Speakers make helping students easy to comprehend

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By Brenda Sexton

The Courier-Herald

The start of classes in the Enumclaw School District is three weeks away, but teachers and administrators were at Thunder Mountain Middle School Thursday morning collecting information from three nationally recognized experts on reading comprehension at the district's three-day Summer Literacy Institute.

"It's really exciting," said Sunrise Elementary School teacher Ann McGonagle, who along with colleagues, was jotting down notes and picking up tips from Stephanie Harvey, Anne Goudvis and Cris Tovani that will help readers at all grade levels become better students. "I have all kinds of plans."

Harvey, Goudvis and Tovani are accomplished authors and literacy specialists with the Denver-based Public Education and Business Coalition, a consortium that has received national acclaim for its work in reading comprehension reform. The nonprofit organization, started in 1987, works with public schools to help teachers translate research into classroom practice. The group was brought to Enumclaw through Gates Grant funding.

About 130 teachers and administrators, most from the Enumclaw district, attended the conference.

"Of their own will in the middle of summer," Harvey said of the staff who turned out. "This district inspires us, remarkable things are happening here."

Harvey, who wrote "Strategy Instruction in Action" and "Strategies that Work: Teaching comprehension to Enhance Understanding," with Goudvis and "Nonfiction Matters," has been working with the Enumclaw district for a few years. Her last visit was in classrooms here this spring.

This was Goudvis' first visit to the district and she was impressed with the work going on here.

"It's very unusual to find everyone, K through 12 going in the same direction," Goudvis said.

"The kids here are being taught to think," she said.

"It's a remarkable district," Harvey said.

Showing teachers how to create a culture of thinkers is the threesome's forte. Comprehension, or understanding what has just been read, is their specialty.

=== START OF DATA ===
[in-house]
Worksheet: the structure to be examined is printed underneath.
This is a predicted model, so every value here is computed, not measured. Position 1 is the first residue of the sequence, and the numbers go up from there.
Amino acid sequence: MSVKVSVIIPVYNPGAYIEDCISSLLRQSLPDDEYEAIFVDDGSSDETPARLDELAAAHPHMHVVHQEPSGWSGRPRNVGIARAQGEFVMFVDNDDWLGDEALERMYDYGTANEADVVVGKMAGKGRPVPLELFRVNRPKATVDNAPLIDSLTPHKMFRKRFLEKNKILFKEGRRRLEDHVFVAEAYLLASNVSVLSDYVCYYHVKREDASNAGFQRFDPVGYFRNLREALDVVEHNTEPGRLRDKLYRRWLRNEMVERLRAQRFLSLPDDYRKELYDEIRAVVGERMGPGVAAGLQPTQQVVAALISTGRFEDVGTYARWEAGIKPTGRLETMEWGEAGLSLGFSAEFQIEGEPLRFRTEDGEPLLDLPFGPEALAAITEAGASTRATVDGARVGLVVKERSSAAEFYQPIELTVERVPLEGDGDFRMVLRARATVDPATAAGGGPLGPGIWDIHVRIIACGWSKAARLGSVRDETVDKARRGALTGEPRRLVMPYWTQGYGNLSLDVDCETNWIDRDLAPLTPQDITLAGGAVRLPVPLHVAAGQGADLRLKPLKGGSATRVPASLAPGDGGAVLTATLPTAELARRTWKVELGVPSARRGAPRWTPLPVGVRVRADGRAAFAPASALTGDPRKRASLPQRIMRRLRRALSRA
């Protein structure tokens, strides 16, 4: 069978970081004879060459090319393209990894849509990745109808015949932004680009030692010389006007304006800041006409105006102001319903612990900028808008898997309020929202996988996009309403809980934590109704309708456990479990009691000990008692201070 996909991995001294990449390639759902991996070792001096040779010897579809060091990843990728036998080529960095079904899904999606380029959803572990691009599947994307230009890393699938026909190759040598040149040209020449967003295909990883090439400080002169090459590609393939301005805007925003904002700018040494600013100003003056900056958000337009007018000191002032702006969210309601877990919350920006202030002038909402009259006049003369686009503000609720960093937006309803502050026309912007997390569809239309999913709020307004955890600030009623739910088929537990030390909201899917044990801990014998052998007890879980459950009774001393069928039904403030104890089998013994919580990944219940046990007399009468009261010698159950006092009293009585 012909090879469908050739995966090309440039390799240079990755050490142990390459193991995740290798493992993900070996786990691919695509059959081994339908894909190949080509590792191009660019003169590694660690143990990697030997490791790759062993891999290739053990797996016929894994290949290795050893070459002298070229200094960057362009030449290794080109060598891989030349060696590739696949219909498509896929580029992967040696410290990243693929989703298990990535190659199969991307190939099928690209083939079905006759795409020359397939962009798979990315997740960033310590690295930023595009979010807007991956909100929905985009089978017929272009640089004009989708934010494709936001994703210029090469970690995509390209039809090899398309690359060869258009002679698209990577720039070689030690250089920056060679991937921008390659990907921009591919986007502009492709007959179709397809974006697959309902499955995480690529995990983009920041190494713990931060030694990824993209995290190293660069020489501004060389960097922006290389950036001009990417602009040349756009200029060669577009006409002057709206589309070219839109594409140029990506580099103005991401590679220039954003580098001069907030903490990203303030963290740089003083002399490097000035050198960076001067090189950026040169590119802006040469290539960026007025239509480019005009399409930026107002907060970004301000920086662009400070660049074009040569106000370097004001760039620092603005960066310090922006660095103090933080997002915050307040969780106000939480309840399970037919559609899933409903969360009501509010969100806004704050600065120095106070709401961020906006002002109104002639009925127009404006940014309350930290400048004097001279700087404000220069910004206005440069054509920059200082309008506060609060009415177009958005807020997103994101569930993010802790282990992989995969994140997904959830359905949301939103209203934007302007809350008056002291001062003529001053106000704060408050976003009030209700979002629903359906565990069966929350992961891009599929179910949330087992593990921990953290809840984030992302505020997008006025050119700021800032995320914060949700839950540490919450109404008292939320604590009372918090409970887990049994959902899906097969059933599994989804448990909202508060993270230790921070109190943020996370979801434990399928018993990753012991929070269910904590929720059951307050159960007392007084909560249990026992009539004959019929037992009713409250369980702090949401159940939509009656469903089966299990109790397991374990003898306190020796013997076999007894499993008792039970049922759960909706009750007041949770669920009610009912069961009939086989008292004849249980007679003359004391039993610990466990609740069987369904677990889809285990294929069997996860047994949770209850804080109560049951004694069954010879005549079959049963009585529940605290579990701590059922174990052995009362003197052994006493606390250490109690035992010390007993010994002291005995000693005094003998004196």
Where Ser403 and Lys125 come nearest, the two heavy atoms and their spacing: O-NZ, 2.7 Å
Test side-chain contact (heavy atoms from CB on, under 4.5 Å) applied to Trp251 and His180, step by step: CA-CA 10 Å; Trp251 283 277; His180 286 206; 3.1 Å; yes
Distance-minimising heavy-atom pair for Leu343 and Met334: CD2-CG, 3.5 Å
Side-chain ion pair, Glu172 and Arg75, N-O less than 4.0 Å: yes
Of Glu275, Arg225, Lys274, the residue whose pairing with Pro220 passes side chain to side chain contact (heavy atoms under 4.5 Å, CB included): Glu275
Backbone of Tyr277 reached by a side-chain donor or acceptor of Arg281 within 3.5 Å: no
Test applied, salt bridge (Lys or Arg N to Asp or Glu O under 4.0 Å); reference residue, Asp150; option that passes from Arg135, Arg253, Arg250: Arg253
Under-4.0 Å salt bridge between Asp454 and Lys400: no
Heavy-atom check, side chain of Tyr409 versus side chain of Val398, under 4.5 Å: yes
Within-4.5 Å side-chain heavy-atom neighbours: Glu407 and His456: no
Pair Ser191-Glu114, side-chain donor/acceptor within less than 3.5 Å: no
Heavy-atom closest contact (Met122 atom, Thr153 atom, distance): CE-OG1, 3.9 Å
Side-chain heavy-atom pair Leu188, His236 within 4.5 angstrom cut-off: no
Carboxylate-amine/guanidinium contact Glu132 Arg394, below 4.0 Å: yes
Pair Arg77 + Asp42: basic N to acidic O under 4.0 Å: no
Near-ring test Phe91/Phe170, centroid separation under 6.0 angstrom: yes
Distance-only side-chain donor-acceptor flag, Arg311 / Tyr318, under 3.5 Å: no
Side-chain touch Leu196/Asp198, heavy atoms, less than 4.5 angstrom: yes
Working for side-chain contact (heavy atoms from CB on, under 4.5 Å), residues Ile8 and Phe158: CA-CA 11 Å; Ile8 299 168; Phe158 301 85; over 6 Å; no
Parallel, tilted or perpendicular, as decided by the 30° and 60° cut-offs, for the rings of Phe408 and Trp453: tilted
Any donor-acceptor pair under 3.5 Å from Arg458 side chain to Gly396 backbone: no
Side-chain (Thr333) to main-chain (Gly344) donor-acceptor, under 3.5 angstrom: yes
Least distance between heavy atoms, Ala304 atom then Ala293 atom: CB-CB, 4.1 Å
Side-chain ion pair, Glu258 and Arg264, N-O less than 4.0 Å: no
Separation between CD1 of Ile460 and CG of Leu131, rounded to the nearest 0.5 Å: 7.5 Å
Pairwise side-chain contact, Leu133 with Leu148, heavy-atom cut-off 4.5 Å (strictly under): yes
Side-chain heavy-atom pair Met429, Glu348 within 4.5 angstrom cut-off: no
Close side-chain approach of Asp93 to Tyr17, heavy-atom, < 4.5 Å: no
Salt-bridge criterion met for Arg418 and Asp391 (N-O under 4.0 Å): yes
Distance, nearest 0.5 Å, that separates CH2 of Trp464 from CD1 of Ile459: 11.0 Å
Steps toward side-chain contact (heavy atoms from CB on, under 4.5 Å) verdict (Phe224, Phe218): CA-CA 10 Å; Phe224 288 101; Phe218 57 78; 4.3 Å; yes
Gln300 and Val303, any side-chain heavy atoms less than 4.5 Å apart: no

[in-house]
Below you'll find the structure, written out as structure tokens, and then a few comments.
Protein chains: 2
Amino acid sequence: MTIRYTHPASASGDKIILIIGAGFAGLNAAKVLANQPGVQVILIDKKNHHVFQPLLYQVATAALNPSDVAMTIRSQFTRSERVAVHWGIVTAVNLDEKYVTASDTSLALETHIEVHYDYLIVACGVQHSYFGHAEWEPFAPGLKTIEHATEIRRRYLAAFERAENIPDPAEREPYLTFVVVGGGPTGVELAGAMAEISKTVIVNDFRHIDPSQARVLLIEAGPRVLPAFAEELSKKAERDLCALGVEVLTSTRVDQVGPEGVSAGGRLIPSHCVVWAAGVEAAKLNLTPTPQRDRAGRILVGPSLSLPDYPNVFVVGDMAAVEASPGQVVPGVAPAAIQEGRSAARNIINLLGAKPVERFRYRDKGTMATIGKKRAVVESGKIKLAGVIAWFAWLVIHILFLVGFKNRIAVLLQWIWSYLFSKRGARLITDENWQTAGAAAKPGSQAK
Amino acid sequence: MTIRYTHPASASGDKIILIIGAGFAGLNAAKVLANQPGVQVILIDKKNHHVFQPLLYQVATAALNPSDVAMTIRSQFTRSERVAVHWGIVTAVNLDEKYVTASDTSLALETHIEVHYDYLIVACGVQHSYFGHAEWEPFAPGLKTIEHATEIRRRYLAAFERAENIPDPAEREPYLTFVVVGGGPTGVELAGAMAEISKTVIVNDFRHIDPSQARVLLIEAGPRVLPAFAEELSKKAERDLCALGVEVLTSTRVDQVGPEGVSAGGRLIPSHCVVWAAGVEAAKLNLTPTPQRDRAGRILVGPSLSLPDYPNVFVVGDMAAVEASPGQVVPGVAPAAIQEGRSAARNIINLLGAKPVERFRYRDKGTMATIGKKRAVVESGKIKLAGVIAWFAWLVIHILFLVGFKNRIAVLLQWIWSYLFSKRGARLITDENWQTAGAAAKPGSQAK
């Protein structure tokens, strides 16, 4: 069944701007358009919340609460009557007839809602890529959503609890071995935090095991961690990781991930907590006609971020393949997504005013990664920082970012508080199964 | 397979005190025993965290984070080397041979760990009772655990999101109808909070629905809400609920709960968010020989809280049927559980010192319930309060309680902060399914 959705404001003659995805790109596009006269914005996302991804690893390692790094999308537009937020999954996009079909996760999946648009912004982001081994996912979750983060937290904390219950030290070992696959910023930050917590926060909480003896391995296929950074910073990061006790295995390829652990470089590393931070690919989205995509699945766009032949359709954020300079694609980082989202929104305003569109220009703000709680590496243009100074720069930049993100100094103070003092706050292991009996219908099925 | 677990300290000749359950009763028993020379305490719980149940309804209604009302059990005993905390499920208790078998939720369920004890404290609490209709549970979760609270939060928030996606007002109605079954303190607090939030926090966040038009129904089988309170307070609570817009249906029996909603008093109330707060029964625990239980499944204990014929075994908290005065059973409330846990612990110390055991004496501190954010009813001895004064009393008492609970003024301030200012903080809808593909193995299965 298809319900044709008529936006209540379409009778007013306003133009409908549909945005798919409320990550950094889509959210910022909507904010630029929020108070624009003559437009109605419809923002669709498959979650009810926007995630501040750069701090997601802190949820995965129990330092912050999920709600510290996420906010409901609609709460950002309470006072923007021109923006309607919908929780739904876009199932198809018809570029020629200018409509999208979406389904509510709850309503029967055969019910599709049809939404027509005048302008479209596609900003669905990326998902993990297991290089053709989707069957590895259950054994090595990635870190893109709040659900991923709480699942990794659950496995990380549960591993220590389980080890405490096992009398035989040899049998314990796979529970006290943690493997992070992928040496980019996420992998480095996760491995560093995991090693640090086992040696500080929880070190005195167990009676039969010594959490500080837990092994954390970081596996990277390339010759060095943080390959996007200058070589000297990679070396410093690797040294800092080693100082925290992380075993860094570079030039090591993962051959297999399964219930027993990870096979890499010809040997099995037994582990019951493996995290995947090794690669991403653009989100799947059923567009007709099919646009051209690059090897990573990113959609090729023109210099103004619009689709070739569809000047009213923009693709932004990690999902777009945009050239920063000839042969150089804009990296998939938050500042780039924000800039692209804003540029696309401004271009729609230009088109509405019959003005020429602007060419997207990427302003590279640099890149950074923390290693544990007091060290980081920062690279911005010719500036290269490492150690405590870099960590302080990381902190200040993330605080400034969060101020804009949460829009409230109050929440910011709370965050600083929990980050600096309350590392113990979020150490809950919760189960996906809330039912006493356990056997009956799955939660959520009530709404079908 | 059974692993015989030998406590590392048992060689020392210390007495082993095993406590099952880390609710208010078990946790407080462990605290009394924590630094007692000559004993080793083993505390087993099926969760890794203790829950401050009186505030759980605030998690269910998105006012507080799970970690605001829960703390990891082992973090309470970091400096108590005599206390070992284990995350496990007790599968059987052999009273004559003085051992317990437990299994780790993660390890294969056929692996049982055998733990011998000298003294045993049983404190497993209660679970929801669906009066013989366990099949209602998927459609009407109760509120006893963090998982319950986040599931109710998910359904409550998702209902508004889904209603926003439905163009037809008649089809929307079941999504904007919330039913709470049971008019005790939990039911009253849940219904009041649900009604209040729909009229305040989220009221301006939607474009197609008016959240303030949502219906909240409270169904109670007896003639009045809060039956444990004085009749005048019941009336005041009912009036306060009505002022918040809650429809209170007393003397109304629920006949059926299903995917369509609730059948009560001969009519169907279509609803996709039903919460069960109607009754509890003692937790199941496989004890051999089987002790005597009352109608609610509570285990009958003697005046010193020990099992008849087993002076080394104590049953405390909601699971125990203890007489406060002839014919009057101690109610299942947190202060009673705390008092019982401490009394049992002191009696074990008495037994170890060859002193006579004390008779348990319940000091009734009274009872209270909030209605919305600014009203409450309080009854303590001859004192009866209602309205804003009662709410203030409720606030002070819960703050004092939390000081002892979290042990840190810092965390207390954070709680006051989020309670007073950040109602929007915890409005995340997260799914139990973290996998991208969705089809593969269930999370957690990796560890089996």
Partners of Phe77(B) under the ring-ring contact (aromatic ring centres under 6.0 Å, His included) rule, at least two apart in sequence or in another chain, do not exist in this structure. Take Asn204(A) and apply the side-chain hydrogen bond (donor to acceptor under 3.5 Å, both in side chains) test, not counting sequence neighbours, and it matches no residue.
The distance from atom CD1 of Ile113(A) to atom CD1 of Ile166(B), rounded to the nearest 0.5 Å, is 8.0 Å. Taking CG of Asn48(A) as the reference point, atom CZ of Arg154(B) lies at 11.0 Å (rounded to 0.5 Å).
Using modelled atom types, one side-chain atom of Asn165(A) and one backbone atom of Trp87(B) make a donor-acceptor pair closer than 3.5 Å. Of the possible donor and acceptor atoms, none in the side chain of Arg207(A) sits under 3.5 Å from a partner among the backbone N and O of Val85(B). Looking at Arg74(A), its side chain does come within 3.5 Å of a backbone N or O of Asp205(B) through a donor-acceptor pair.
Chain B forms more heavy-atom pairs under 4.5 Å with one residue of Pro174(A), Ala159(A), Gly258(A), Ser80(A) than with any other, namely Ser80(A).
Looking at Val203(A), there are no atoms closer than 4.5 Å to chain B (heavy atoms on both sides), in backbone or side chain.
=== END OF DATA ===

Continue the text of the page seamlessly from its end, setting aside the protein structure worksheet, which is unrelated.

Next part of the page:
According to Harvey, research showed "most kids could read, but they couldn't understand or remember."

Grasping the root of comprehension helps students at all levels, across all subjects. Reading text, and learning methods to decode the meaning of the text - what the author is trying to tell, or show, the reader is a lifelong skill.

Harvey, Goudvis and Tovani say it's creating critical, skeptical, thoughtful readers.

"It's much more complex than sounding out words," said Tovani, who taught elementary school for 10 years before becoming a high school reading specialist and English teacher. In addition to being a nationally known consultant, she continues to work full-time as a high school teacher. She is also author of "I Read It, But I Don't Get It" and "Do I Really Have to Teach Reading?"

Of the five components of reading, they explained, phonics is the how to, while phonemic awareness, fluency and vocabulary development are equally important. The fifth, reading comprehension, is the trio's specialty.

After studying research, the key was to find out what good readers do and use those skills to help others.

What they discovered, Goudvis said, is "when we begin thinking, reading changes."

For example, according to the three experts, some kids, and adults for that matter, don't get a "visual," a picture in their head, when they read. The text doesn't conjure up pictures or diagrams. There's no connection to help them understand what they've read.

The use of sensory images to enhance comprehension and visualize what they are reading is just one of the thinking strategies used by proficient readers.

A simple way to get the pictures rolling is to have students discuss, write about and describe what they've read.

McGonagle said she plans to hold more discussions with her students and give them more reading choices and variety - another tip from the visitors.

Harvey said it's important to offer students a multi-source curriculum - to find books, magazines, newspaper articles - students want to read. Students have different interests and should be provided a selection of materials.

"We read the world," she said. "And we read it in all different ways."

"It's about engaging students in reading for the rest of their lives," Goudvis said.

"It's definitely working," Harvey said. Rising test scores across the nation are a tell-tale sign, but more important, she said, are the reports from teachers, Enumclaw ones in particular, who say their students are two years ahead of former students academically, and are more thoughtful.

"We applaud, in a major way, what's going on here," Harvey said. "It's very special."

Brenda Sexton can be reached at

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